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American Great Lakes Ports Association v. Zukunft

United States District Court, District of Columbia

August 26, 2016

AMERICAN GREAT LAKES PORTS ASSOCIATION, et al., Plaintiffs,
v.
ADMIRAL PAUL F. ZUKUNFT, Commandant, United States Coast Guard, et al., Defendants.

         Re Document, : 6

          MEMORANDUM & ORDER GRANTING THE PILOTS ASSOCIATIONS' MOTION TO INTERVENE

          RUDOLPH CONTRERAS UNITED STATES DISTRICT JUDGE

         I. INTRODUCTION[1]

         Plaintiffs in this case are shipping companies and related associations that are affected by the costs of shipping services. See Compl. ¶¶ 6-14, ECF No. 1; Pls.' Resp. Mot. Intervene (“Pls.' Resp.”) 1 n.1, ECF No. 10. Because Plaintiffs' vessels transit the waters of the St. Lawrence Seaway and the Great Lakes system, Plaintiffs' costs include required payments of pilotage rates to United States and Canadian pilots. See Compl. ¶ 19; Pls.' Resp. 1 n.1. Under the Great Lakes Pilotage Act of 1960, [2] Plaintiffs must use United States and Canadian pilots when transiting those waters. Compl. ¶ 19. The United States Coast Guard prescribes the relevant pilotage rates by regulation and annually reviews them. Id. ¶¶ 19-20.

         Plaintiffs have initiated the present action against the Coast Guard and its Commandant to challenge the Coast Guard's 2016 rule on pilotage rates, which established new rate setting methodologies and resulted in rate increases. See Id. ¶¶ 2-5, 15-16. See generally Great Lakes Pilotage Rates-2016 Annual Review and Changes to Methodology, 81 Fed. Reg. 11, 908 (Mar. 7, 2016) (to be codified in scattered sections of 46 C.F.R.). Plaintiffs contend that the Coast Guard violated the Administrative Procedure Act (“APA”)[3] in numerous ways. See Id. ¶¶ 4, 29-83 (alleging APA violations under 5 U.S.C. § 706(2)(A), (C), (D)). As relief, Plaintiffs ask the Court to set aside the Coast Guard's final rule, to remand this case to the Coast Guard so that it may review and revise its rule, and to order the Coast Guard to “immediately” reduce its 2016 pilotage rates by 20.6 percent. See Id. at 20-21.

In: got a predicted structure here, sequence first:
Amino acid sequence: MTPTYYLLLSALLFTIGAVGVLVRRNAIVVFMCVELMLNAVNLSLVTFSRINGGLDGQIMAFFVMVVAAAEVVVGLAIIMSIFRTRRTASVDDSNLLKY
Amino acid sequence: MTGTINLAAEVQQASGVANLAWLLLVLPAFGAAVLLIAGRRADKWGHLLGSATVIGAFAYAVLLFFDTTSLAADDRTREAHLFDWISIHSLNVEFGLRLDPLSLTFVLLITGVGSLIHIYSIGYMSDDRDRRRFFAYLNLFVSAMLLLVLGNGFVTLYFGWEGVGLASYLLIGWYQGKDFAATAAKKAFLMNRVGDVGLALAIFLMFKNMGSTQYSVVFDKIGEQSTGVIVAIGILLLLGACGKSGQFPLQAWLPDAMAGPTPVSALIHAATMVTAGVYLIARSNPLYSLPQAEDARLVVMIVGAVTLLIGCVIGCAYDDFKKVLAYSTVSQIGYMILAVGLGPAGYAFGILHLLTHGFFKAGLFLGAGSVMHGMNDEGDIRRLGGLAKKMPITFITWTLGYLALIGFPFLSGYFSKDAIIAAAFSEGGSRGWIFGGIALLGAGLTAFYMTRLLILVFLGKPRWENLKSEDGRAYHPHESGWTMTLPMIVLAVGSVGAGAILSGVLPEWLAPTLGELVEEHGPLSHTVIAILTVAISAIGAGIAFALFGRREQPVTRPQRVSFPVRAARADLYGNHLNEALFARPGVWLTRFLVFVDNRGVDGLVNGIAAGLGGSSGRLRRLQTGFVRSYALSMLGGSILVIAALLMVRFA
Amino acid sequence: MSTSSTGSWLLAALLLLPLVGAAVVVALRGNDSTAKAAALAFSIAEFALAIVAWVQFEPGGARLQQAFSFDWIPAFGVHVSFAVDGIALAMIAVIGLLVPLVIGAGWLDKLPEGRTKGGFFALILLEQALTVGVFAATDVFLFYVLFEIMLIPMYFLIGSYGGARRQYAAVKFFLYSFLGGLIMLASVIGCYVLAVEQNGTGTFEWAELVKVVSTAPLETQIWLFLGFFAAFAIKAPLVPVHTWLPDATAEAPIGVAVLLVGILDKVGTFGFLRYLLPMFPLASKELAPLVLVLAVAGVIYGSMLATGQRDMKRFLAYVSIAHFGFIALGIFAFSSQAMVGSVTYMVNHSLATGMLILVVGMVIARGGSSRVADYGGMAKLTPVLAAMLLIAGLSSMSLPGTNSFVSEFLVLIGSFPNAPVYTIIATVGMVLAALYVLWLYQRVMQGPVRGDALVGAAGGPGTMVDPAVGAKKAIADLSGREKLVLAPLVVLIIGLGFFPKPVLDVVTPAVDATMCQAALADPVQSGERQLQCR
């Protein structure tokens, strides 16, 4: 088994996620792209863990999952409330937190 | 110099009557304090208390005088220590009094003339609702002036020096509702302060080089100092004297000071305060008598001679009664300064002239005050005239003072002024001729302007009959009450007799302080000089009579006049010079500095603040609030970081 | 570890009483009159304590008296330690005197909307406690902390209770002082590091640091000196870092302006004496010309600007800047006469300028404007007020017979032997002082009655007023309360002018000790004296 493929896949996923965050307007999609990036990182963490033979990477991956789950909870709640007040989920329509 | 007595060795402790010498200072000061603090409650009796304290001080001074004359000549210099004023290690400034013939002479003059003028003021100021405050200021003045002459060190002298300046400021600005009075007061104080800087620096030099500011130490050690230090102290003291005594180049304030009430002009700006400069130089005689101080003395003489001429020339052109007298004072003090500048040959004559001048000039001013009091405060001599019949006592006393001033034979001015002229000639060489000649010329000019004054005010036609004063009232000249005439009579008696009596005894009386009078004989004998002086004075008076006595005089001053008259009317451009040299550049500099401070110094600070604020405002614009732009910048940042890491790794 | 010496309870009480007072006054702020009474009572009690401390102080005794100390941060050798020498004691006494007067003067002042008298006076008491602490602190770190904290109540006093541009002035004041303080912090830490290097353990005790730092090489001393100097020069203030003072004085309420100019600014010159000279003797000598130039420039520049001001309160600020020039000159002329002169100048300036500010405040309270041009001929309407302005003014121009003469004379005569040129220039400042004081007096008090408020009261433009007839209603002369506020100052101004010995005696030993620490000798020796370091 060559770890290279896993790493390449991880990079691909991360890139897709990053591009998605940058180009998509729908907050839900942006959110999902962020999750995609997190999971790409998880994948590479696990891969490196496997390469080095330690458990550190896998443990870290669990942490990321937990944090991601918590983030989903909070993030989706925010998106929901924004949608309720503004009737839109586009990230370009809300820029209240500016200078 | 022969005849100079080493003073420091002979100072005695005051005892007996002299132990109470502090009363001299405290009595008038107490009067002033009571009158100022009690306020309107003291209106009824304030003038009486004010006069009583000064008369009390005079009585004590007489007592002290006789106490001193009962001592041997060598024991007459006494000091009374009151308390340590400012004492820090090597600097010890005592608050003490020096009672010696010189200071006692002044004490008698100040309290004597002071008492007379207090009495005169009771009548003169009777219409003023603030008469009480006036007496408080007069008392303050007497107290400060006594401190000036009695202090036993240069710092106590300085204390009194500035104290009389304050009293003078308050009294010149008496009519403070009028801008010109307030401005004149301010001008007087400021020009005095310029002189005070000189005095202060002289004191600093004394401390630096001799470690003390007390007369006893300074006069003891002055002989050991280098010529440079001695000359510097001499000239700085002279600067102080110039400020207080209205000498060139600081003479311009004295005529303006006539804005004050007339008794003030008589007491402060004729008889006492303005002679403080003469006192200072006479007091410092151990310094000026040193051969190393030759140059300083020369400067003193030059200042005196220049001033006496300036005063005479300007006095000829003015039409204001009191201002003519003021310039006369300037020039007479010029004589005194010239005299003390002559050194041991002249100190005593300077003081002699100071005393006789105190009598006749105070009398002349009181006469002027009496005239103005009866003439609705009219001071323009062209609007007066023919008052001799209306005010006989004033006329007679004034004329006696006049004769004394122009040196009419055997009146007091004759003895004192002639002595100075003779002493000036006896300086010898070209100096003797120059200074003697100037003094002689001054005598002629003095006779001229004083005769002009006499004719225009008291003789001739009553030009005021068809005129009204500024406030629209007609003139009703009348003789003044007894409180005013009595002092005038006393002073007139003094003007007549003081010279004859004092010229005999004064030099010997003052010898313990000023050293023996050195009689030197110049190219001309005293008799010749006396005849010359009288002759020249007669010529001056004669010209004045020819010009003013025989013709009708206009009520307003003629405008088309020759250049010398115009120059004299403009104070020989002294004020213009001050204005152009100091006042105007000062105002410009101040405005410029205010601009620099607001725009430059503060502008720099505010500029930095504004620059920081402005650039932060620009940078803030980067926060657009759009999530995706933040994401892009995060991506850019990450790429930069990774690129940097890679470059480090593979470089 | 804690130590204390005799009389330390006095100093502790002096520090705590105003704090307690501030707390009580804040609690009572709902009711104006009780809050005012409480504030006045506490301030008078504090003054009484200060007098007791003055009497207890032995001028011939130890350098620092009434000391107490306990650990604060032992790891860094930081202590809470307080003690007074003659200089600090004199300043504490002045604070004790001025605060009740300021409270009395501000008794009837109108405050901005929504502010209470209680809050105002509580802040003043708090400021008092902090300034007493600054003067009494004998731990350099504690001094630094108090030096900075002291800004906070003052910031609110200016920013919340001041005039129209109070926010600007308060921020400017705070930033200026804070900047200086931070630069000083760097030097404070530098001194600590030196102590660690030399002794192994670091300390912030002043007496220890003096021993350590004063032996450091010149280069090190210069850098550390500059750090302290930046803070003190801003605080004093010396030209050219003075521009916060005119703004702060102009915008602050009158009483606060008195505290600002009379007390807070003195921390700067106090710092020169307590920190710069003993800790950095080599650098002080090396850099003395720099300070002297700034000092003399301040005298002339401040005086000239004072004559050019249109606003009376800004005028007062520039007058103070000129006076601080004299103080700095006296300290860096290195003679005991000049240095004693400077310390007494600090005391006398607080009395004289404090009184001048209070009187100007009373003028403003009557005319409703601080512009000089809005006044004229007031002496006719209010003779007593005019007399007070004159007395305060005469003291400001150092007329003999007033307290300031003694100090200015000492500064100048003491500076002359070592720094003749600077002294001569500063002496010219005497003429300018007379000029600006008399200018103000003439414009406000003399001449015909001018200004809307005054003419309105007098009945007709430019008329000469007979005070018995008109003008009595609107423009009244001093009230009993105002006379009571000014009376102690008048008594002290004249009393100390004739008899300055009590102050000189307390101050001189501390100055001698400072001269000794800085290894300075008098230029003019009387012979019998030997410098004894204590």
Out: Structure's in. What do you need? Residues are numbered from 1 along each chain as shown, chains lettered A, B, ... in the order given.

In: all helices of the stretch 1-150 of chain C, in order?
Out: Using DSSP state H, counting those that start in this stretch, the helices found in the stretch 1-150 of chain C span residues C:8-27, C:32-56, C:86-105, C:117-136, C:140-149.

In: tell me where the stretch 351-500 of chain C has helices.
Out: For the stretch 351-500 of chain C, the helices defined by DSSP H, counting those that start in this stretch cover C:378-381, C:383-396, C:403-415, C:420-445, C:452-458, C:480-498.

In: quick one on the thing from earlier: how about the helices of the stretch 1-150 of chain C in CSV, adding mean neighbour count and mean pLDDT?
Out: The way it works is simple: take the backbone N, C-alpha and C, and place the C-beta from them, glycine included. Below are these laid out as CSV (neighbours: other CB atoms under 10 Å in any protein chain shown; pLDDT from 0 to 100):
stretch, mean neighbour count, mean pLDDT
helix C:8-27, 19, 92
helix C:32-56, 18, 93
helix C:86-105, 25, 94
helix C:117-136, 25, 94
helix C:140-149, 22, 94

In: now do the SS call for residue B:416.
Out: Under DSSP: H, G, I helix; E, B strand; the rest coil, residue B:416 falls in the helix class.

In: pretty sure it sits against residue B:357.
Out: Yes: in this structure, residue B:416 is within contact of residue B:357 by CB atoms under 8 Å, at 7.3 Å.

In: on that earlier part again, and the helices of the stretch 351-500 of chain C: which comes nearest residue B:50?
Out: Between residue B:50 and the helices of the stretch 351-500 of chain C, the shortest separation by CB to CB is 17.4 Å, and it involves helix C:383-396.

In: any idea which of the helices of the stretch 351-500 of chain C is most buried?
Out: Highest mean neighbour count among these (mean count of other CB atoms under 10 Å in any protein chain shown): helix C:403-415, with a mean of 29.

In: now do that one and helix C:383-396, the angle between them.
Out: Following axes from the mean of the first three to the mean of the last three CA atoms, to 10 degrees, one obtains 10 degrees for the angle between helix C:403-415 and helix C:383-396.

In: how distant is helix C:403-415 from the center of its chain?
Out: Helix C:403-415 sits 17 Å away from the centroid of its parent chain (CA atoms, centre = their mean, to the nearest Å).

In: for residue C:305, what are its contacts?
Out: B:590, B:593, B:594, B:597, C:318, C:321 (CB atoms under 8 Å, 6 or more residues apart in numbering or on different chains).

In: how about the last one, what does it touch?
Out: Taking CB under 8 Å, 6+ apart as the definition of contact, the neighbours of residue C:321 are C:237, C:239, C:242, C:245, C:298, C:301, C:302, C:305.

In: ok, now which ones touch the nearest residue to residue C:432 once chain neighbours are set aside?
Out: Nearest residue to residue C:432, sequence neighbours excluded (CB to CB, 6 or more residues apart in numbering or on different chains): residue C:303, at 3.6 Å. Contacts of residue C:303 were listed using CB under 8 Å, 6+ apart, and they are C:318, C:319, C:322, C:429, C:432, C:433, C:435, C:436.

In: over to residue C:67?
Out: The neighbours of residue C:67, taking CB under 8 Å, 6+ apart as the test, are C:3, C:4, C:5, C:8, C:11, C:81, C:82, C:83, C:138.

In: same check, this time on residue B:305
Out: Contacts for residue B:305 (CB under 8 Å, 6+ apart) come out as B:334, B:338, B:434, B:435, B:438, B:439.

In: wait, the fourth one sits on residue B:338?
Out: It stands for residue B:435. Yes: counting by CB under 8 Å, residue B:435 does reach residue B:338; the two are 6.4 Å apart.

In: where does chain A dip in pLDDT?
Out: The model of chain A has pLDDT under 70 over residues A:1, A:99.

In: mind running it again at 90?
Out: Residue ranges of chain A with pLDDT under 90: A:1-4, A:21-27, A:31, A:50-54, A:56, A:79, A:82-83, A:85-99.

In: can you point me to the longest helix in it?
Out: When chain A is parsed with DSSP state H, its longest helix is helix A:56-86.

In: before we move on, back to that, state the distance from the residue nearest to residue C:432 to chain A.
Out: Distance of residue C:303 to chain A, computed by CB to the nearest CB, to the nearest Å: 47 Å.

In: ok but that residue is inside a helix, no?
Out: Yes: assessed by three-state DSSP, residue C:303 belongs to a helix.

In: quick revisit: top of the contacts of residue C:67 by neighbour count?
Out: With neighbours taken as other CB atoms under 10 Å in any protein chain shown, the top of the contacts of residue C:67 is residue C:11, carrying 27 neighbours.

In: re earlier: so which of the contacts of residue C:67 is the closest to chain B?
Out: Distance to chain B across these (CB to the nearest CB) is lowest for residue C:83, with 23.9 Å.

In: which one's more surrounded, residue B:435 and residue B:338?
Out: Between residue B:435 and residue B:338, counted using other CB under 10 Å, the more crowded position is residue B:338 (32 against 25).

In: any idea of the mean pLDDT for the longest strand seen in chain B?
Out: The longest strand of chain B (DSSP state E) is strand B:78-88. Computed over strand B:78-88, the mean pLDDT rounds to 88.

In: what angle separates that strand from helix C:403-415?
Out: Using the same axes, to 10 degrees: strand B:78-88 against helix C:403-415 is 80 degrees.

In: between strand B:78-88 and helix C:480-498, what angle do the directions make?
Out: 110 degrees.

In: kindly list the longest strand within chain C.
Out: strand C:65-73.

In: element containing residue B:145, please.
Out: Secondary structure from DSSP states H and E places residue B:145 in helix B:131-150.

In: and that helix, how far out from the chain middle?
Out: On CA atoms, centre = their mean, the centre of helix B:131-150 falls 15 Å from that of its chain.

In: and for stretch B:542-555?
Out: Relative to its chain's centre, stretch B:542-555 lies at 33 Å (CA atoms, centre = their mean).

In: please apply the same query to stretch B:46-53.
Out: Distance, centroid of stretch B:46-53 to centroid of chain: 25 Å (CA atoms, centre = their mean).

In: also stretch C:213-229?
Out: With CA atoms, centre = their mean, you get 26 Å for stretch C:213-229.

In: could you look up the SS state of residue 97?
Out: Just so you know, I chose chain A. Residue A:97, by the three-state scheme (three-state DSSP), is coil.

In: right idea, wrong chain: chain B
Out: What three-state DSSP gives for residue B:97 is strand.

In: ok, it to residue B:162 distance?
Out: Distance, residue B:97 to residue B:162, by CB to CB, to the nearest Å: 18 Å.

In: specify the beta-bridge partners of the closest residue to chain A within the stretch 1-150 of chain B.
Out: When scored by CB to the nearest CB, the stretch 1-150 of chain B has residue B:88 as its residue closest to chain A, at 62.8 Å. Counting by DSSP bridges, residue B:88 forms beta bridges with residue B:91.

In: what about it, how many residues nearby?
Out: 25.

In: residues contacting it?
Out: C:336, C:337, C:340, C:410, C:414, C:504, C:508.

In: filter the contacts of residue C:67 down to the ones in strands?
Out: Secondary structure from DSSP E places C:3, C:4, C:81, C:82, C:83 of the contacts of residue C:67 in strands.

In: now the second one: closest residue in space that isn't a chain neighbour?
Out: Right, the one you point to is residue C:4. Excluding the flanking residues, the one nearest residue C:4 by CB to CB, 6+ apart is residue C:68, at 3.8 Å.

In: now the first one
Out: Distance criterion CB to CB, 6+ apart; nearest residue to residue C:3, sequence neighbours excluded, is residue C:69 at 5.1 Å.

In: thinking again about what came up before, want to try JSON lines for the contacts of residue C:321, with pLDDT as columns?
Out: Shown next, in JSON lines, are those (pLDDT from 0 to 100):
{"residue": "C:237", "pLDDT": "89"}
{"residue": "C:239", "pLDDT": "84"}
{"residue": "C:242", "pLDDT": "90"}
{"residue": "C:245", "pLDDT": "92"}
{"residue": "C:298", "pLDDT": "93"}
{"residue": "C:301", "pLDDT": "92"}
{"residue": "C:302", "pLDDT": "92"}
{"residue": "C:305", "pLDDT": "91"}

Before Defendants filed their answer, three pilots associations (“Pilots Associations”) filed a joint motion to intervene in support of Defendants in this case. See Mot. of St. Lawrence Seaway Pilots Ass'n, Lakes Pilots Ass'n, Inc., and Western Great Lakes Pilots Ass'n, LLP to Intervene Supp. Defs. (“Mot. Intervene”), ECF No. 6. The Pilots Associations are “the three pilotage associations authorized to provide pilotage services on the Great Lakes” under the Great Lakes Pilotage Act. Id. at 1-2; see 46 U.S.C. § 9304(a). Their member pilots guide foreign vessels on the Great Lakes. Mem. P. & A Supp. Mot. Intervene (“Mem. Supp. Mot. Intervene”) 2, ECF No. 6-1. The Pilots Associations seek to intervene in this case by right or, alternatively, with the Court's permission. See Mot. Intervene 2.